In addition, the proposed ruling flies in the face of AICPA SOP 98-2, which allow charities to allocate costs for a mailing jointly among program, fundraising and administrative expenses. In order to allocate costs jointly among program, fundraising and administrative expenses, this new rule dictates an exclusive purpose test that would prevent us from using any "personal information" like a donor's contribution history or other relevant giving information in our multiple purpose campaigns -- or we must mail at the First-Class rates.
The new rule would harm the nonprofit community¡¦s access to the preferred postal rate for multiple purposed fundraising and educational campaigns. Please consider a revision that would protect nonprofit access to the preferred rates of nonprofits so that we may continue using the mail to further our good work.
For Government Relations Chairs: The proposed postal regulation would have a dramatic negative effect upon fundraising costs for many charities that use Standard postal rates. Chairs are encouraged to pass along the sample letter to chapter members and urge them to write a letter to the Postal Service.
CARE Act and Charity Provisions on Donations of Vehicles, Intellectual Property
In May, the Senate passed S. 1637, the Jumpstart Our Business Strength (JOBS) Act, which includes provisions to limits deductions for charitable contributions of vehicles and intellectual property.
The JOBS Act was also a potential vehicle to move the Charity Aid, Recovery and Empowerment (CARE) Act. The CARE Act had been offered by Sens. Rick Santorum (R-PA) and Joseph Lieberman (D-CT) as an amendment to the JOBS bill, but it was never considered on the Senate floor.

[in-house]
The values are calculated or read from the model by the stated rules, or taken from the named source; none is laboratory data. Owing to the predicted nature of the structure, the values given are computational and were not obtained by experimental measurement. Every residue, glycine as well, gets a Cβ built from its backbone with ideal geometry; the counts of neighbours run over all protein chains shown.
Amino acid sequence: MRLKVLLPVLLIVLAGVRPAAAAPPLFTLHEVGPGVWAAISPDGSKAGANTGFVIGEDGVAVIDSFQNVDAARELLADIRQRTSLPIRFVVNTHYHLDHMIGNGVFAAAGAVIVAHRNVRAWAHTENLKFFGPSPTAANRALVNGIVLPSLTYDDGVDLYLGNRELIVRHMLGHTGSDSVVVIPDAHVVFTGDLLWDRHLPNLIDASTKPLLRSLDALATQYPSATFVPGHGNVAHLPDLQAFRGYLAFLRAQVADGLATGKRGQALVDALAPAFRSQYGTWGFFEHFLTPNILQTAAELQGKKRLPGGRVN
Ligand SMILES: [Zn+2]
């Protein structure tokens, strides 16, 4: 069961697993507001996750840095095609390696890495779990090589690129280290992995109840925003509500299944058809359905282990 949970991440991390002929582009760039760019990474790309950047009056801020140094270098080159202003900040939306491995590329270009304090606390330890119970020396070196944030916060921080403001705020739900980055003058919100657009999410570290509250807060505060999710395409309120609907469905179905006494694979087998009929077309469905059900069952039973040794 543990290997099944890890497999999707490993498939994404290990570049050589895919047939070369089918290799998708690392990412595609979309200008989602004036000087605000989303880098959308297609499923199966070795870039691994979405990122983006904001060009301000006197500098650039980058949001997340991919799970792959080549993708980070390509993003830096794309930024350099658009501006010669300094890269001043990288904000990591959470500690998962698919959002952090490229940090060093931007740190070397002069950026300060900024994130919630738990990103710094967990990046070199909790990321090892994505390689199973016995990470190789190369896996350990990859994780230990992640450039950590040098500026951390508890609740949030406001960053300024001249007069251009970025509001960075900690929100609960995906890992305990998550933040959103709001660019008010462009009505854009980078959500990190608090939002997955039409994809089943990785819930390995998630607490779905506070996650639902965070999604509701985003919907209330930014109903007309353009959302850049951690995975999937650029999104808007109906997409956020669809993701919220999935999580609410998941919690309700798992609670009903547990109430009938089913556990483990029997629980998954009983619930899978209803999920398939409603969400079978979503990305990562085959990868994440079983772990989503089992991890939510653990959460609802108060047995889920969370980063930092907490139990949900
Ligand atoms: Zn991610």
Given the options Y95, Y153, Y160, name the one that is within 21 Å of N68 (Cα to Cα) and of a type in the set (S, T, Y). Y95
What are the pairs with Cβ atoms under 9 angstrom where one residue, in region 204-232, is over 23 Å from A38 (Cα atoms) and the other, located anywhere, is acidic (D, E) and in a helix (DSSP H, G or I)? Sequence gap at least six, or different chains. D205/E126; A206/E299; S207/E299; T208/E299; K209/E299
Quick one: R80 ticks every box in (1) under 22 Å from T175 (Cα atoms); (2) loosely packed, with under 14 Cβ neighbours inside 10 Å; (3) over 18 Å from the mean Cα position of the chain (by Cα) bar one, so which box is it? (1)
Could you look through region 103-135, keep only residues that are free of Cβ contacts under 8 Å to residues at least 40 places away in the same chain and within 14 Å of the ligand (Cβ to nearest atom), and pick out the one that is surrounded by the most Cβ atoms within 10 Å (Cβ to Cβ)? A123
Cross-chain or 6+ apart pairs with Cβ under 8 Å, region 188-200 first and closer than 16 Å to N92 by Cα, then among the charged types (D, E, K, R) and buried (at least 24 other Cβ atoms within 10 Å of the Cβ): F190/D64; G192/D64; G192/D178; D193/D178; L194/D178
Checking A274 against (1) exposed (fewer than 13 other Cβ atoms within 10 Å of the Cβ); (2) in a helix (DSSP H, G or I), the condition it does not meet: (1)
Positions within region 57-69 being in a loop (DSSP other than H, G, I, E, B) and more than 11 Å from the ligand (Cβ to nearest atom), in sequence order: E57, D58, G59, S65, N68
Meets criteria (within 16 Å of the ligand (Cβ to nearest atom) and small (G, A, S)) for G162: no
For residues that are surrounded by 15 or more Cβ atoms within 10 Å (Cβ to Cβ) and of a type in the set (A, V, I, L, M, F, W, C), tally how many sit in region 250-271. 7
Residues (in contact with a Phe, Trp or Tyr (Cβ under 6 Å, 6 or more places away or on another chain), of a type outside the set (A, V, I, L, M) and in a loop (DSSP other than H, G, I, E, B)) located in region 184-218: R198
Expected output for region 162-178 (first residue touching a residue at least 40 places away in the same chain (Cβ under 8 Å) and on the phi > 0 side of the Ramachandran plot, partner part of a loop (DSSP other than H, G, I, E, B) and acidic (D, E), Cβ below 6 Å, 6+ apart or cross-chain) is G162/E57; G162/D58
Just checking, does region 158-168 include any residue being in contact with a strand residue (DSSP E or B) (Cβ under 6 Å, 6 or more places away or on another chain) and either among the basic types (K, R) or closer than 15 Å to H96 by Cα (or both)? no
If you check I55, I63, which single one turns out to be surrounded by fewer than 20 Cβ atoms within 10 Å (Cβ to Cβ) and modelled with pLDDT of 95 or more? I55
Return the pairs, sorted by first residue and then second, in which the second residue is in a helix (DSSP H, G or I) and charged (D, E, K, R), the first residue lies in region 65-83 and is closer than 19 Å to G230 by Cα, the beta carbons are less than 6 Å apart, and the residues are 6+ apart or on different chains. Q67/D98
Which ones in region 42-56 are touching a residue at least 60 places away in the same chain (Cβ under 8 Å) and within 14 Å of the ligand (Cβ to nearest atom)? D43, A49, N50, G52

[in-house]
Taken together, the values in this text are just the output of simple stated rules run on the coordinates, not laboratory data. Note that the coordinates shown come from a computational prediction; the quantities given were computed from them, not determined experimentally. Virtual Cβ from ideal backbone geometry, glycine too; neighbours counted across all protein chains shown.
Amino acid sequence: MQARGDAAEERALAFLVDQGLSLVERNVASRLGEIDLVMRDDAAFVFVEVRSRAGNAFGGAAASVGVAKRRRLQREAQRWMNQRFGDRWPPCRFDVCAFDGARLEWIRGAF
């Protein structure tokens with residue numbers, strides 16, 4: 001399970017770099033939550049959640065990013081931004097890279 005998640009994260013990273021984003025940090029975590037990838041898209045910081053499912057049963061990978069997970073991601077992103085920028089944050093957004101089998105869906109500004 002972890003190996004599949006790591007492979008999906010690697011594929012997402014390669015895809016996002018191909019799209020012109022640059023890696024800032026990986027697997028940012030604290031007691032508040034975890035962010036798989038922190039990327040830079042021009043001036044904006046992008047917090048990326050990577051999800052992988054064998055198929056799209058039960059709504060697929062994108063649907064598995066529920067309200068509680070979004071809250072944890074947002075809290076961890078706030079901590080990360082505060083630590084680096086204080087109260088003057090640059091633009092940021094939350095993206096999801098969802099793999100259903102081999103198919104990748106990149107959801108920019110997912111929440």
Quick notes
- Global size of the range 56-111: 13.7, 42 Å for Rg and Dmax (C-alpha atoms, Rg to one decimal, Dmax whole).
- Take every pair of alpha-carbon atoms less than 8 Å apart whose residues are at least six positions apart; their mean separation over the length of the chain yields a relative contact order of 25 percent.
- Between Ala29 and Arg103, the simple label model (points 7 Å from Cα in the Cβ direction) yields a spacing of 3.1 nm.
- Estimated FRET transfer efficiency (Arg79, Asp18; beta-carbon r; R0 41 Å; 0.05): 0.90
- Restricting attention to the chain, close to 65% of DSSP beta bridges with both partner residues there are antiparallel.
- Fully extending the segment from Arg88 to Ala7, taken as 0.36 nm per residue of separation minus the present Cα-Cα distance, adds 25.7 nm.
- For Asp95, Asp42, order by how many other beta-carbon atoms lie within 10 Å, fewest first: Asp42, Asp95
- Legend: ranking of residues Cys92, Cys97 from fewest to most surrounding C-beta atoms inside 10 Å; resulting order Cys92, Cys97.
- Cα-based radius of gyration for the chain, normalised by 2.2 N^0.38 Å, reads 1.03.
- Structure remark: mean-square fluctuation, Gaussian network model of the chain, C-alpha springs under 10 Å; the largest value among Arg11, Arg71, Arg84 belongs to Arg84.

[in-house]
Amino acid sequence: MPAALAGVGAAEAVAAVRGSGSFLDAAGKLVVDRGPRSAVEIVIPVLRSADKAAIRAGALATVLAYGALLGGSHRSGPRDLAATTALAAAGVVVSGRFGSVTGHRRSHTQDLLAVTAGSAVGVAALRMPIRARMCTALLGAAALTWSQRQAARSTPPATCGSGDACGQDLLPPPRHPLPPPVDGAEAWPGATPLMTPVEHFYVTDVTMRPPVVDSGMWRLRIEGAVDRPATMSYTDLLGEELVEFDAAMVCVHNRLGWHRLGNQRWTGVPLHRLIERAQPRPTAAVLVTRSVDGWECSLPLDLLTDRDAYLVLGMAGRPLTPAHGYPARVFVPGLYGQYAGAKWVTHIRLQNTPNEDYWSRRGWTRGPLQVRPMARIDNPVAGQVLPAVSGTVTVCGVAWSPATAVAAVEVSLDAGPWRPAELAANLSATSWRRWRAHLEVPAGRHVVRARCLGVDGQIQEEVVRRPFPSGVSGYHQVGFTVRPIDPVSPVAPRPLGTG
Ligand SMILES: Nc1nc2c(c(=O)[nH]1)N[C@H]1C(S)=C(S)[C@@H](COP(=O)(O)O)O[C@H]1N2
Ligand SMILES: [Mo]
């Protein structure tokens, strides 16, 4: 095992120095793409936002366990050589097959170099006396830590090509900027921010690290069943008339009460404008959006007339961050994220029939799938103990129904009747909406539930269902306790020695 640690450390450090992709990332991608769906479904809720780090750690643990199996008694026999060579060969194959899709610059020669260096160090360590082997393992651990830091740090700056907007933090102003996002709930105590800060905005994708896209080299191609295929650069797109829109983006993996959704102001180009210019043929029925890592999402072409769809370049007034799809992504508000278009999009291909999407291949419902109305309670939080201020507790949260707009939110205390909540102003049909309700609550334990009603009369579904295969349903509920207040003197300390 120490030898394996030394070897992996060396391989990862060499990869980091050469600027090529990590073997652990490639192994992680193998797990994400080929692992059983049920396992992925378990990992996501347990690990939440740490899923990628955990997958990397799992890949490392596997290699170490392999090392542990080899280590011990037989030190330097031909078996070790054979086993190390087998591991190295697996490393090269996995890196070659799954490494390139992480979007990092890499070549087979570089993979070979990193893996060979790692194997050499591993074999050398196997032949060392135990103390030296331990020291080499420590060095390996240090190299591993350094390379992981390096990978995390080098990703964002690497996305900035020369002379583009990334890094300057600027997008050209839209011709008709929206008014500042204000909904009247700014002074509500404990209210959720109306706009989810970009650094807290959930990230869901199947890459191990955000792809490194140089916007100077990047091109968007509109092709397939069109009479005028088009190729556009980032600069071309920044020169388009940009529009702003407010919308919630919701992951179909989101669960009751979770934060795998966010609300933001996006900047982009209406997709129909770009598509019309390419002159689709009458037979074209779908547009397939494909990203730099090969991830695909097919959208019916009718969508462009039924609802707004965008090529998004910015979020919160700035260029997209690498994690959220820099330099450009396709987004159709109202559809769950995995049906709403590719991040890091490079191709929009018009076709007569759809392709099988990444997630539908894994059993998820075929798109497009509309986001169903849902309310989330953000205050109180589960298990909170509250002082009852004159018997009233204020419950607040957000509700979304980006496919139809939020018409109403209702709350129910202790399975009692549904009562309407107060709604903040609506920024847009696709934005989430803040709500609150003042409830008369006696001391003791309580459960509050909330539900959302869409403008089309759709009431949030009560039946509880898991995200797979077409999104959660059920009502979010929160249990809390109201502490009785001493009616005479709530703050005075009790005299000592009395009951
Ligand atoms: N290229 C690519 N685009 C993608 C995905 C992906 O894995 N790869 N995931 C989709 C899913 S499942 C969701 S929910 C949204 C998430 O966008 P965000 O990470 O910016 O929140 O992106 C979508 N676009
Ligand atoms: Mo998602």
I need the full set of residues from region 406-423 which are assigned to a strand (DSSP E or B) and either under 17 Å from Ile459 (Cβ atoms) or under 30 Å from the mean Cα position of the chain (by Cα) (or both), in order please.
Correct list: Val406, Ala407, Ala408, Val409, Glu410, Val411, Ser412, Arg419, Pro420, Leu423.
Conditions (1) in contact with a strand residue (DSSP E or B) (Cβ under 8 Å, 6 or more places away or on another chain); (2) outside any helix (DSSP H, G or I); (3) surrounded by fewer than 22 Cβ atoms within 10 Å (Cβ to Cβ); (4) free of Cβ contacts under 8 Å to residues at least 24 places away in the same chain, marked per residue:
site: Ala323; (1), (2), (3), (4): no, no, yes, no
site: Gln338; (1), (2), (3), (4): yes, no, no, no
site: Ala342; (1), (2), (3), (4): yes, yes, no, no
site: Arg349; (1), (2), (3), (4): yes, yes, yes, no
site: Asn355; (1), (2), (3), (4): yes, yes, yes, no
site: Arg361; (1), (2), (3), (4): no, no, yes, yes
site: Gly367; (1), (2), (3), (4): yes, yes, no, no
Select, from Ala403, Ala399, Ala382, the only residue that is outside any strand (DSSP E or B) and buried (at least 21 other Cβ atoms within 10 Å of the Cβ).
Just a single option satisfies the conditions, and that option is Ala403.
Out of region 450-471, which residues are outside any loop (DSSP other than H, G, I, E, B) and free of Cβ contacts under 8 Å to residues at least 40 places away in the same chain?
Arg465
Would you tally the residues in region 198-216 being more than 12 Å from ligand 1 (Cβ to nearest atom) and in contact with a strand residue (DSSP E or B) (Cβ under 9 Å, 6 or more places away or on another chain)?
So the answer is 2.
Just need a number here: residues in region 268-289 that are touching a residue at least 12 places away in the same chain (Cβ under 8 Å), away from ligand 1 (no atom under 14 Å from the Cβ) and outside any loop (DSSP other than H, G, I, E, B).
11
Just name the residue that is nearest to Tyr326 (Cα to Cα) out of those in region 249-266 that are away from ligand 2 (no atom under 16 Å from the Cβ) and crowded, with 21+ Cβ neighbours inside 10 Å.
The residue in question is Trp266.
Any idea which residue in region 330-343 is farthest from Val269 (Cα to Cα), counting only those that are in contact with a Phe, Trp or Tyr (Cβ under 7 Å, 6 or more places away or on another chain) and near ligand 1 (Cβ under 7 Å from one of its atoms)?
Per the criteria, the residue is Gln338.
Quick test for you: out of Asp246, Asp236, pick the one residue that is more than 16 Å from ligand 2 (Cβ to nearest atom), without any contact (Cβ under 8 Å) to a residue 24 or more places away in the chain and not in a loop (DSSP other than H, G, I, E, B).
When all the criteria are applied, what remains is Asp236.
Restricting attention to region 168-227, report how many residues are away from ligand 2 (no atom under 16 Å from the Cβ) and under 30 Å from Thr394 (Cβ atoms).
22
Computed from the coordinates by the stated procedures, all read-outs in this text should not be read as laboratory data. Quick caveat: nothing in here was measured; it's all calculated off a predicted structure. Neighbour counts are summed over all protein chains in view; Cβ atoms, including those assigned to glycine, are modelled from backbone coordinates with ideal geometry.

However, the JOBS bill does include an amendment that changes the rules for valuing and reporting donations of vehicles (including boats and airplanes). For such gifts, donors would only be able to claim as a donation the actual sales price received by the charity -- not the fair market value permitted under current law.
A donor of a vehicle must get a written acknowledgement from the charity indicating for how much it had sold the vehicle. If the charity did not sell the vehicle, it must provide a receipt for the vehicle within thirty days. To receive the deduction, the donor must include the acknowledgement or receipt with his or her tax return.
Also included in the JOBS Act is a provision that would limit a donor's deduction for gifts of intellectual property to the extent of the donor's basis in the property. In addition, no deduction would be allowed for the gift if the donor still had an interest in the property and continued to receive payments from the charity after donating it, unless it was a qualified interest.
Under the bill, a qualified interest is defined as a "a right to receive from the donee [charity] a percentage (not greater than 50 percent) of any royalty payment received by the donee..." In addition, an interest would only be considered a qualified interest if the donor has no right to receive any sort of payment either after the legal life of the property expires, or 20 years after the date of the contribution, whichever comes first. Payments to a donor based on a qualified interest do not qualify for a deduction and are treated as taxable income.
The House of Representatives is in the process of considering its own version of the JOBS Act and is discussing additional legislative options related to gifts of vehicles and intellectual property. Rep. William Thomas (R-CA), the chairman of the Ways and Means Committee, has introduced a proposal that would disallow charitable deductions for donated vehicles unless the donor had the vehicle appraised.
AFP is especially concerned about the impact the Senate provision would have on charitable vehicle donation programs. The association will be working with other organizations to see more balanced provisions regarding donations of vehicles and intellectual property in the final legislation.